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What are the key differences between b2b and b2c product marketing?

4 Answers
Brianne Shally
Brianne Shally
Nextdoor Ex-Head of Product MarketingJanuary 13
  • B2B and B2C are both H2H (human to human) marketing at the end of the day. I’ve seen folks try to say there's a strong distinction and to ‘pick a lane’. I’m of the mindset that B2B and B2C are more similar than different. I’ve found my experience in B2B especially, in demand gen, has helped me with B2C thinking through app store activations and vice versa. 
  • That said, here’s the minor nuances that I’m oversimplifying: 
    • Sales Enablement: You must work closely with the Sales team to ensure they are prepared with a deep understanding of the marketplace, personas, buying process, positioning, and product. Also, Sales is a great channel to test messaging and gain customer feedback.  
    • Target Audience: In B2B there are usually multiple personas in the decision making process, while B2C is usually just one person, though there are influencers in B2C.
    • Sales as an input: Sales is a great channel to test and iterate on messaging. For example, consider your top sales rep. They have already iterated and optimized the messaging more than an a/b test. (ok, maybe not that much, but you get my point). Partner with these reps to test your hypotheses and iterate. Also, Sales is an input for voice of customer and product input. Leverage Sales, win/loss reports, and customer calls to capture the top themes for product development.
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Aneri Shah
Aneri Shah
Ethos Head of Marketing, B2BFebruary 17

Having worked across both, the key differences in my mind fall into 2 key categories: 1) ability to get customer insights, 2) role in the GTM motion.

1. Customer insights - In B2B, it's relatively easy to get on a customer call and get deep insights from some engaged customers. There are also certain customers (e.g. enterprise clients) whose feedback it's easy to skew towards as they contribute disproportionately high revenue. In B2C, you need to get feedback at scale, which is better done through user research, and you need to ensure the users you survey/interview are more representative of your whole customer base. In B2B, I've found that PMM's role in gathering and surfacing customer insights is stronger, whereas in B2C, you're more likely to rely on your Marketing Insights/User Research partners. 

2. Role in GTM - The key difference here is having a Sales or Partnerships team in B2B, versus usually using more scaled marketing tactics in B2C. This means a PMM's role will shift closer to one or the other - e.g. in B2B, you spend more time on enablement and ensuring that these teams can take your messaging and communicate it, whereas in B2C, you work more closely with in-product and scaled messaging channels to share your messaging. The messaging itself varies significantly too - consumer messaging is focused on being concise, clearly articulating benefits, and, often, driving immediate action, whereas business-focused messaging must consider all client scenarios, whether a product is solving their exact needs, edge cases and specific requests. Tactically - my messaging docs in B2B end up being 4-5x longer than those when I was in B2C!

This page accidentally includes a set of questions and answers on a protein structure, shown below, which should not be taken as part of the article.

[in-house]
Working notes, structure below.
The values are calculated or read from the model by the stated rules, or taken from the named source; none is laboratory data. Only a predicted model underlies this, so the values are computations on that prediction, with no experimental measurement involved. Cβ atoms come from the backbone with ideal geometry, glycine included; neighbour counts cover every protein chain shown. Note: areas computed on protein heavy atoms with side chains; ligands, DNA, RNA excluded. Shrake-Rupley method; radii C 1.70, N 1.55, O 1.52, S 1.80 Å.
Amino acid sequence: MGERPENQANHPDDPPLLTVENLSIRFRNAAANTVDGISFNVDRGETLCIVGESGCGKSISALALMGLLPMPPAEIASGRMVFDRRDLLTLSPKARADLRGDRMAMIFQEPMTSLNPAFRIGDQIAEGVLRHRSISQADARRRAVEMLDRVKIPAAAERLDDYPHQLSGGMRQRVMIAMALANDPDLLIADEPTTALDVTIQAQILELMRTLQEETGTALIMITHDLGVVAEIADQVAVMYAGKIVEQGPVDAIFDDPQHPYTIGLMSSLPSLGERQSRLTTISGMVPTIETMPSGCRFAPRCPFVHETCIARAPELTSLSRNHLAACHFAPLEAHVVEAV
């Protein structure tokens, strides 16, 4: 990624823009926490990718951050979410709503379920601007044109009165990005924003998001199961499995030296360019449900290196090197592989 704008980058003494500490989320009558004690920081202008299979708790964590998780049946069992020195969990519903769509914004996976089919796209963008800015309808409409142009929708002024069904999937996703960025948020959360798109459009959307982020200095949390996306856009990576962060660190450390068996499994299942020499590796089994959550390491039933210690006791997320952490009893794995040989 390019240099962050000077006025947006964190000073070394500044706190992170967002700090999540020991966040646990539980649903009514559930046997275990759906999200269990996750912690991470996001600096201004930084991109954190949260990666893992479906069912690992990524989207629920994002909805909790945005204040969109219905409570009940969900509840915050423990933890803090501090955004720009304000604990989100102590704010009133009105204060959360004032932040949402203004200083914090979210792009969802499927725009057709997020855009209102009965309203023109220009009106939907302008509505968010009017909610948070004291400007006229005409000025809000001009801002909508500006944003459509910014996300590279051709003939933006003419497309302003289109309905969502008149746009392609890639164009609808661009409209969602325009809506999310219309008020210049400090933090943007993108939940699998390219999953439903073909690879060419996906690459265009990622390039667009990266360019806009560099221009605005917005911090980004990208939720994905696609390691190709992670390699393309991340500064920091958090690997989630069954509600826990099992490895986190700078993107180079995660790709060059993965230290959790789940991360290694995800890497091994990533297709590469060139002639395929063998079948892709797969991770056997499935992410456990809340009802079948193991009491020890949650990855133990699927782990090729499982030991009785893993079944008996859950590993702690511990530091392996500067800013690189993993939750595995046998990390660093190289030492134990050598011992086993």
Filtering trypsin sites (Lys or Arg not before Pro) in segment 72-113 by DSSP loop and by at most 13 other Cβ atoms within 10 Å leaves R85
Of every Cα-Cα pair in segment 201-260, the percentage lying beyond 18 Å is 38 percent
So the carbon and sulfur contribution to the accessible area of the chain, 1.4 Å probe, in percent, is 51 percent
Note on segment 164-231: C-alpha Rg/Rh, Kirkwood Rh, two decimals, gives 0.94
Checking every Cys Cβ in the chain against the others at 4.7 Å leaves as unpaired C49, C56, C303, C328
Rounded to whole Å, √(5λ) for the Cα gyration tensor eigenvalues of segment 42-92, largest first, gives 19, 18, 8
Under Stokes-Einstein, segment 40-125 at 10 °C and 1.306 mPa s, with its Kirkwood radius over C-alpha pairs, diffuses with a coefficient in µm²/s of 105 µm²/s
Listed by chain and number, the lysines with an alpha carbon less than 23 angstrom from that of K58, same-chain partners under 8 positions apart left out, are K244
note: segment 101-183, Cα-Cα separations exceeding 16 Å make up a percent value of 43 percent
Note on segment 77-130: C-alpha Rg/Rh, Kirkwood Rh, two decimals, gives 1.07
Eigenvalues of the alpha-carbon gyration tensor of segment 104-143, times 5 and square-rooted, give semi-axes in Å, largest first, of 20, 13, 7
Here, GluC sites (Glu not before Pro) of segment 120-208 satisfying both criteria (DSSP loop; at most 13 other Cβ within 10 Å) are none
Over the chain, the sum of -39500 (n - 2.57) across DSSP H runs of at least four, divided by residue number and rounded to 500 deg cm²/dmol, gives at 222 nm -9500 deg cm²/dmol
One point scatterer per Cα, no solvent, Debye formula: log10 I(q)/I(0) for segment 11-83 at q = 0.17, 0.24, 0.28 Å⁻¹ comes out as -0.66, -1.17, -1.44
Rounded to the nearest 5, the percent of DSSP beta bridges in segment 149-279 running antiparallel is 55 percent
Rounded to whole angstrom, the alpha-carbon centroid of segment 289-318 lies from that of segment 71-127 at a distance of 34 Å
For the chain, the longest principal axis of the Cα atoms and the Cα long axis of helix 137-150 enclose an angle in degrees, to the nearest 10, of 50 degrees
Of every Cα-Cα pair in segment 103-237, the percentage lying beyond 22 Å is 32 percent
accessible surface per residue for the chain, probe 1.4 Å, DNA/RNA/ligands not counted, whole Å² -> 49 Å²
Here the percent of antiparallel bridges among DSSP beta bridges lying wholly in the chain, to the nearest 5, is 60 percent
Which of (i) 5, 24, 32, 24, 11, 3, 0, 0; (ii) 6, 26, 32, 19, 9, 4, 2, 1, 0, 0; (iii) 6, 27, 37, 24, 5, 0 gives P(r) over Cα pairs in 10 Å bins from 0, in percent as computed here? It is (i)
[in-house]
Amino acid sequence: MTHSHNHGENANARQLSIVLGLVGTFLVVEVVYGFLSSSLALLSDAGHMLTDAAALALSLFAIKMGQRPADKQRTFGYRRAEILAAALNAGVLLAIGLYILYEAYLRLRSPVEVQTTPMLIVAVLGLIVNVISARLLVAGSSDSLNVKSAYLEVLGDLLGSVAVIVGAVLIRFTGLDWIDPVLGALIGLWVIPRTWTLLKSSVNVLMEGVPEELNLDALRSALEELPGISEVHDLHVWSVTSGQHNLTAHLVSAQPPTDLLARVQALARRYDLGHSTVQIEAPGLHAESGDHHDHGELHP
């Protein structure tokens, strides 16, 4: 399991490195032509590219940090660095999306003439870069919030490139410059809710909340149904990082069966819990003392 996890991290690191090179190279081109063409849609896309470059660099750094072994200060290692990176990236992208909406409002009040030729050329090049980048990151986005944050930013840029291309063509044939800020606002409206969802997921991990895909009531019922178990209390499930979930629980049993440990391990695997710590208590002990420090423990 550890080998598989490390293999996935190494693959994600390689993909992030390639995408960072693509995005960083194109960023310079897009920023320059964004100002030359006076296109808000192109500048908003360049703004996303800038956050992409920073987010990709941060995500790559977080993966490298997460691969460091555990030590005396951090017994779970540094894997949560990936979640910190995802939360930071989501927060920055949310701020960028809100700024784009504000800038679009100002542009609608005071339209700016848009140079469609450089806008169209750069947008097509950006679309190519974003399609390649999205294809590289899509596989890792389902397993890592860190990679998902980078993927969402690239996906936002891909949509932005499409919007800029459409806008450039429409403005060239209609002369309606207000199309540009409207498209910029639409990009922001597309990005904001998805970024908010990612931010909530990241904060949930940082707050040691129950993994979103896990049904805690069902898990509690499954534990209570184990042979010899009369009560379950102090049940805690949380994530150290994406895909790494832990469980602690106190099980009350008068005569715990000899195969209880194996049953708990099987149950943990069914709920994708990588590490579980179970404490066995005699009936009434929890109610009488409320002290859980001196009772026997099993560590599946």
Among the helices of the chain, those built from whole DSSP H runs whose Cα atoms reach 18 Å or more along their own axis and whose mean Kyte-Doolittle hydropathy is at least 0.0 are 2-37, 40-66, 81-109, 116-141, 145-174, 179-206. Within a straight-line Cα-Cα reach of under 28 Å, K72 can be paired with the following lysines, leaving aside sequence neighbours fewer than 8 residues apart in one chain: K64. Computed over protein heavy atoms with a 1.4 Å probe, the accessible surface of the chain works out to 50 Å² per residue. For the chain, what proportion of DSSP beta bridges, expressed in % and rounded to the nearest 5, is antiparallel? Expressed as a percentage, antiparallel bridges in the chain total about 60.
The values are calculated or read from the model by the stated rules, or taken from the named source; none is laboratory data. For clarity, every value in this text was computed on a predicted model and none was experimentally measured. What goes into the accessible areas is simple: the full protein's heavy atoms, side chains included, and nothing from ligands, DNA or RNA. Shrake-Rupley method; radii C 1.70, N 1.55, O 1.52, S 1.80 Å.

857 Views
Lara McCaskill
Lara McCaskill
Atlassian Principal Product Marketing ManagerJanuary 16

Three words come top of mind for this one: Sales, Enablement and Ops. In a B2B company, you often have 2 (or even more) customers: Sales and Buyers. Sales can be a wealth of information and they are typically highly motivated ($$$$) to get their problems solved and are never short of providing input and feedback to Product Marketing. This can also be challenging to understand what Sales wants versus what actually address Buyer needs. Working with Sales also involves some type Sales enablement function. I've seen roles where PMM also does the enablement piece of this, however I think that really depends on the size of the sales force, type of product and how big the PMM team is. In my experience, it's most effective for PMM and Sales Enablement to partner closely together, but they are two distinct functions. Finally, there may be an Ops enablement function involved and they can be a primary stakeholder and feedback contributor, depending on the nature of the business. 

In B2C, the challenge is to market to consumers and they are fickle! Feedback can be hard to gather, especially from prospective customers. This is where customer research and insights are super critical for the PMM function. Brand marketing and creative also play a heavier role here and launch strategies will have different tactics involving paid media versus B2B likely involves more blog posts and events. 

1369 Views
Tracy Montour
Tracy Montour
HiredScore Head of Product MarketingJuly 27

Great question! The biggest difference is in the sales cycle and buying process, but it really depends on who the audience is. If a B2B SaaS company is targeting SMBs and is product-led, it is much more similar to a B2C product marketing experience. Where I have seen the biggest difference is in the customer size/type. Working with B2B enterprise SaaS requires a completely different skillset to enable a different and more personalized type of sale. 

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